Wrong. Parallel 49 is a huge brewery start-up. The first thing you notice upon entering the brewery is the giant tasting room (which is still being built). Sure, it’s not where you brew beer, but if you have enough space for this kind of tasting room, one can only imagine the cavernous space in which you produce the actual product.

And cavernous it is. The current equipment roster for P49 includes 315hl of fermentation space. That’s a lot for a new brewery, but that giant row of fermenters doesn’t even come close to filling up the production half of the brewery. Turning that over every 4 weeks yields about 4,100 hl per year of production. That’s a fairly abstract number, but it boils down to 150 kegs per week, or 22 kegs a day in terms of brewing capacity. With 16 tap accounts thus far, it’s safe to say they have a bit of room to grow.

And that room gets bigger when the new order shows up. Oh, did I forget to mention more fermenters are coming? Yeah, another 300 hl of production capacity are currently being shipped from China. I wonder if Graham’s refreshing the Fedex page like I did when my iPad was coming via the same route?

This excess capacity brings home my main concern for this business: where is all this beer going? Those 16 tap accounts sure as hell aren’t drinking it. And that bottling line, as shiny and new as it is, sure isn’t running the 30 hours a day it’d need to be to bottle it all. Of course, you don’t need to actually use all your capacity, but if you aren’t using it all why double it with a new order?

And that’s my puzzler. Obviously, an LDB listing is coming, and there’s talk of shipping product to Alberta and other places further east, but ultimately I think there’s a risk of a lot of good beer sitting around while the local craft beererati try our best to pound through it before it goes off. Trust me, as great as unlimited good beer sounds, there is such a thing as too much.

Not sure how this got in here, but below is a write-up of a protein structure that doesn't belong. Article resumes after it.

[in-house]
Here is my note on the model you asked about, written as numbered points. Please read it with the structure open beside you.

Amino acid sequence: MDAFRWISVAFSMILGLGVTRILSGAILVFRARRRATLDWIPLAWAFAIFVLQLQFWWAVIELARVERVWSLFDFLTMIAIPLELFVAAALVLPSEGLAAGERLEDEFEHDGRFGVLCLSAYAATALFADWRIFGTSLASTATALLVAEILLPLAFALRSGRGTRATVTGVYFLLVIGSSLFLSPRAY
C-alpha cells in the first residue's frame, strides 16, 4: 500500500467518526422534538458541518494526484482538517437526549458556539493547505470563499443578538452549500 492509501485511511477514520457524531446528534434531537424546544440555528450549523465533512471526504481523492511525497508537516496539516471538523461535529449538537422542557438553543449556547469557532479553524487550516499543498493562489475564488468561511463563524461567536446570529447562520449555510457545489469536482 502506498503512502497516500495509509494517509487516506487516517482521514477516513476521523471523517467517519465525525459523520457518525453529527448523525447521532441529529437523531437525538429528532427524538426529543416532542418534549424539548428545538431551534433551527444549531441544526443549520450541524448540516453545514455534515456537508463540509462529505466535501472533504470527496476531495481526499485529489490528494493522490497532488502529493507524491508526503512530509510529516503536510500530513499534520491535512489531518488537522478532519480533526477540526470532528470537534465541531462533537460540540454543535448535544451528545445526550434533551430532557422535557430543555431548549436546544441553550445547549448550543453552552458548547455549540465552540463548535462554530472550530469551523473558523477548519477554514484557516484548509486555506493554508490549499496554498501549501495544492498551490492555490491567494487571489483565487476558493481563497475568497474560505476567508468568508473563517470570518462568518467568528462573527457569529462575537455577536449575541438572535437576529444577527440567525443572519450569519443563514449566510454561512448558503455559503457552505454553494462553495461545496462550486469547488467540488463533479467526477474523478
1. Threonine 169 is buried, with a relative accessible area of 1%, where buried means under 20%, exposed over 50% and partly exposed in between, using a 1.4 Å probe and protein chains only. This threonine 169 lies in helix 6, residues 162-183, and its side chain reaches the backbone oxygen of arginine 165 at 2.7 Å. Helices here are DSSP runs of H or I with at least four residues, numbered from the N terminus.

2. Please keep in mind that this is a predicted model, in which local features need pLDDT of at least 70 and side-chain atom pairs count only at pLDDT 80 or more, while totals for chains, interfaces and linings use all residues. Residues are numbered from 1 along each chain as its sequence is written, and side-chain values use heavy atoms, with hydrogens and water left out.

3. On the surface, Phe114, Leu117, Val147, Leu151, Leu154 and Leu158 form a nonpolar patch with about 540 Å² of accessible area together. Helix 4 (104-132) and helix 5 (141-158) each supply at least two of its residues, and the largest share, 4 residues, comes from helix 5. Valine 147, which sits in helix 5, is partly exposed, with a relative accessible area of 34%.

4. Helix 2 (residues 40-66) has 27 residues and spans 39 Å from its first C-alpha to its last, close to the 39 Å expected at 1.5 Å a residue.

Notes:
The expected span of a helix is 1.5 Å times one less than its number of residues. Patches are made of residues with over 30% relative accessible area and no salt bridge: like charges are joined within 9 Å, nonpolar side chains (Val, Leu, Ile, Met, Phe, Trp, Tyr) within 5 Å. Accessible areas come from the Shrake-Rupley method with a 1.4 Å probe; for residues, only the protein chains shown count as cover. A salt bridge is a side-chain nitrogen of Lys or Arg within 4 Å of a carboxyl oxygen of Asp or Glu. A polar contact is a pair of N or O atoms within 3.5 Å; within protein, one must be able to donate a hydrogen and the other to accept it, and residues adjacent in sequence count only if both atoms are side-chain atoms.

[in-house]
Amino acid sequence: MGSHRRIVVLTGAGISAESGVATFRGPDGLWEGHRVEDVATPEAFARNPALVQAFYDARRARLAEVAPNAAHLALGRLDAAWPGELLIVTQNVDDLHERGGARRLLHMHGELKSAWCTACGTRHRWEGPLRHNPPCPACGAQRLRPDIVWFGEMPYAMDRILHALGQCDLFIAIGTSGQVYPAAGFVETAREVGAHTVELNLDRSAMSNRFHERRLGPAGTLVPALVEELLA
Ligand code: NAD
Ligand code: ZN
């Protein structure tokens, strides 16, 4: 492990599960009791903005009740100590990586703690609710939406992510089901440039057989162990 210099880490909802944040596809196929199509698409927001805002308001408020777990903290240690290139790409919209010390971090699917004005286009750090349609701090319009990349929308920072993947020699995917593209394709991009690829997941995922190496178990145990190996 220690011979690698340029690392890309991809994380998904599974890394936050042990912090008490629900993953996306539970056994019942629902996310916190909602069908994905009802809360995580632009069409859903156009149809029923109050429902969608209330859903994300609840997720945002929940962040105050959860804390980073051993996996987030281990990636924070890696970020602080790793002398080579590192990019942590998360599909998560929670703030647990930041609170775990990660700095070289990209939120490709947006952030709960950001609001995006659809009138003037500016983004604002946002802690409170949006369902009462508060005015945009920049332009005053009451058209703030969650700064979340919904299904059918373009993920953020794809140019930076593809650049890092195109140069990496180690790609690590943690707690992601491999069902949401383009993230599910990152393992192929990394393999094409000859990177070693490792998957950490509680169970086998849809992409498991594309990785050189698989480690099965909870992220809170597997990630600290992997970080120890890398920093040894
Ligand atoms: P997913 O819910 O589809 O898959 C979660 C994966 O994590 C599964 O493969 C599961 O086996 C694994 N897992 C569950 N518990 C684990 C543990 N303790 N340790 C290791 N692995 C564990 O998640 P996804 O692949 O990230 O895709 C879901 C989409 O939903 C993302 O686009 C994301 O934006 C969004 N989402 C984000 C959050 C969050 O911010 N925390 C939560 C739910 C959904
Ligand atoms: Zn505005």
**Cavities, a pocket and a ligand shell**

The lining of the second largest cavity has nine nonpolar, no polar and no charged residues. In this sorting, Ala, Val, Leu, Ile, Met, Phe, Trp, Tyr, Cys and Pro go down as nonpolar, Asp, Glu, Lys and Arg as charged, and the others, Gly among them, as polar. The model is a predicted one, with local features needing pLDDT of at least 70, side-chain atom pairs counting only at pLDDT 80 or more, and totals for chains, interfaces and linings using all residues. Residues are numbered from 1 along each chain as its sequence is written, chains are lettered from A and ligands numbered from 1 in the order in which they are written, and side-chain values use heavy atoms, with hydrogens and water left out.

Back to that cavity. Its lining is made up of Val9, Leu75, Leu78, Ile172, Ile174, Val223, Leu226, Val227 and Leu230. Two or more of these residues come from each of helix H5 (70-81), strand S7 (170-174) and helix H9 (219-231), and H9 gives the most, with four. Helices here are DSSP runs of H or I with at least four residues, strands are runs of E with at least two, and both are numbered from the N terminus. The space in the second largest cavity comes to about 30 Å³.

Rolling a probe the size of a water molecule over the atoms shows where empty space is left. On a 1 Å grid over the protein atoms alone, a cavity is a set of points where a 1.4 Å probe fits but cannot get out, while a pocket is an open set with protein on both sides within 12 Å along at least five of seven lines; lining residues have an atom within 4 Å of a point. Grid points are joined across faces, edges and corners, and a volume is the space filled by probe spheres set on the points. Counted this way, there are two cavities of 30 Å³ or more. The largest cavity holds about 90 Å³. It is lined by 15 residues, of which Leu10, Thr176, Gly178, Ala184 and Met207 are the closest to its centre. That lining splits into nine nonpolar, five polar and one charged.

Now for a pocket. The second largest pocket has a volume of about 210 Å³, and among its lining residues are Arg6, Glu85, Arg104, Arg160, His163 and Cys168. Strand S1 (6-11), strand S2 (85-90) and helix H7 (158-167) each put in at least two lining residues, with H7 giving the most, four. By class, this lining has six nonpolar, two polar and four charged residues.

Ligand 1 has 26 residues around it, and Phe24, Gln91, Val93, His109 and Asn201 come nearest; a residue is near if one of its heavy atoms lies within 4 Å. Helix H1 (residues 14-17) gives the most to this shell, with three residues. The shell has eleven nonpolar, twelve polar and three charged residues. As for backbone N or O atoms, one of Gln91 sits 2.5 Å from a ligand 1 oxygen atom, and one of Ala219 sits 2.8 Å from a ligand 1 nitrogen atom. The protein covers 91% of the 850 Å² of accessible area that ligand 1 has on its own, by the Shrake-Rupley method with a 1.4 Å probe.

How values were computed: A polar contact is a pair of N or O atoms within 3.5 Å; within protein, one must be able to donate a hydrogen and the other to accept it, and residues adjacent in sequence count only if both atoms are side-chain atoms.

Kind of like how 1/2 way through a giant pile of heroin you never want to do horse again… oh wait… So yeah, pretty much the opposite of smack, then, I guess.

But that’s it? No negative rants from Chuck on P49 aside from “they produce too much good beer… maybe”? Well… yes, I have one complaint. Graham admitted to filtering their beers, and even showed me their filter. Filtering beer is an open argument, with some folk saying you can’t get really great clarity without it and some folk (like me, and other sane people) saying it robs a beer of all the yeast character that makes beer so interesting. Considering how much time and effort P49 puts into brewing beer with distinct yeasts in the first place, filtering it just seems wrong.

Luckily, Graham quasi-agrees with me, and is currently attempting to convince the owners to invest in a centrifuge to allow them to get both the startling clarity and the yeasty funk that makes great beer great. Mike & Anthony? Please please give him the shiny new toy. Just think how happy he’ll be. How can you say no to that face?

Written by chuck

June 15th, 2012 at 6:49 pm

Posted in Breweries

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  1. […] world. That brewery, of course, is Parallel 49. Just over a year later they’ve proven all my early concerns about over-production to be bunk, and are producing hit after hit after hit, all of which are […]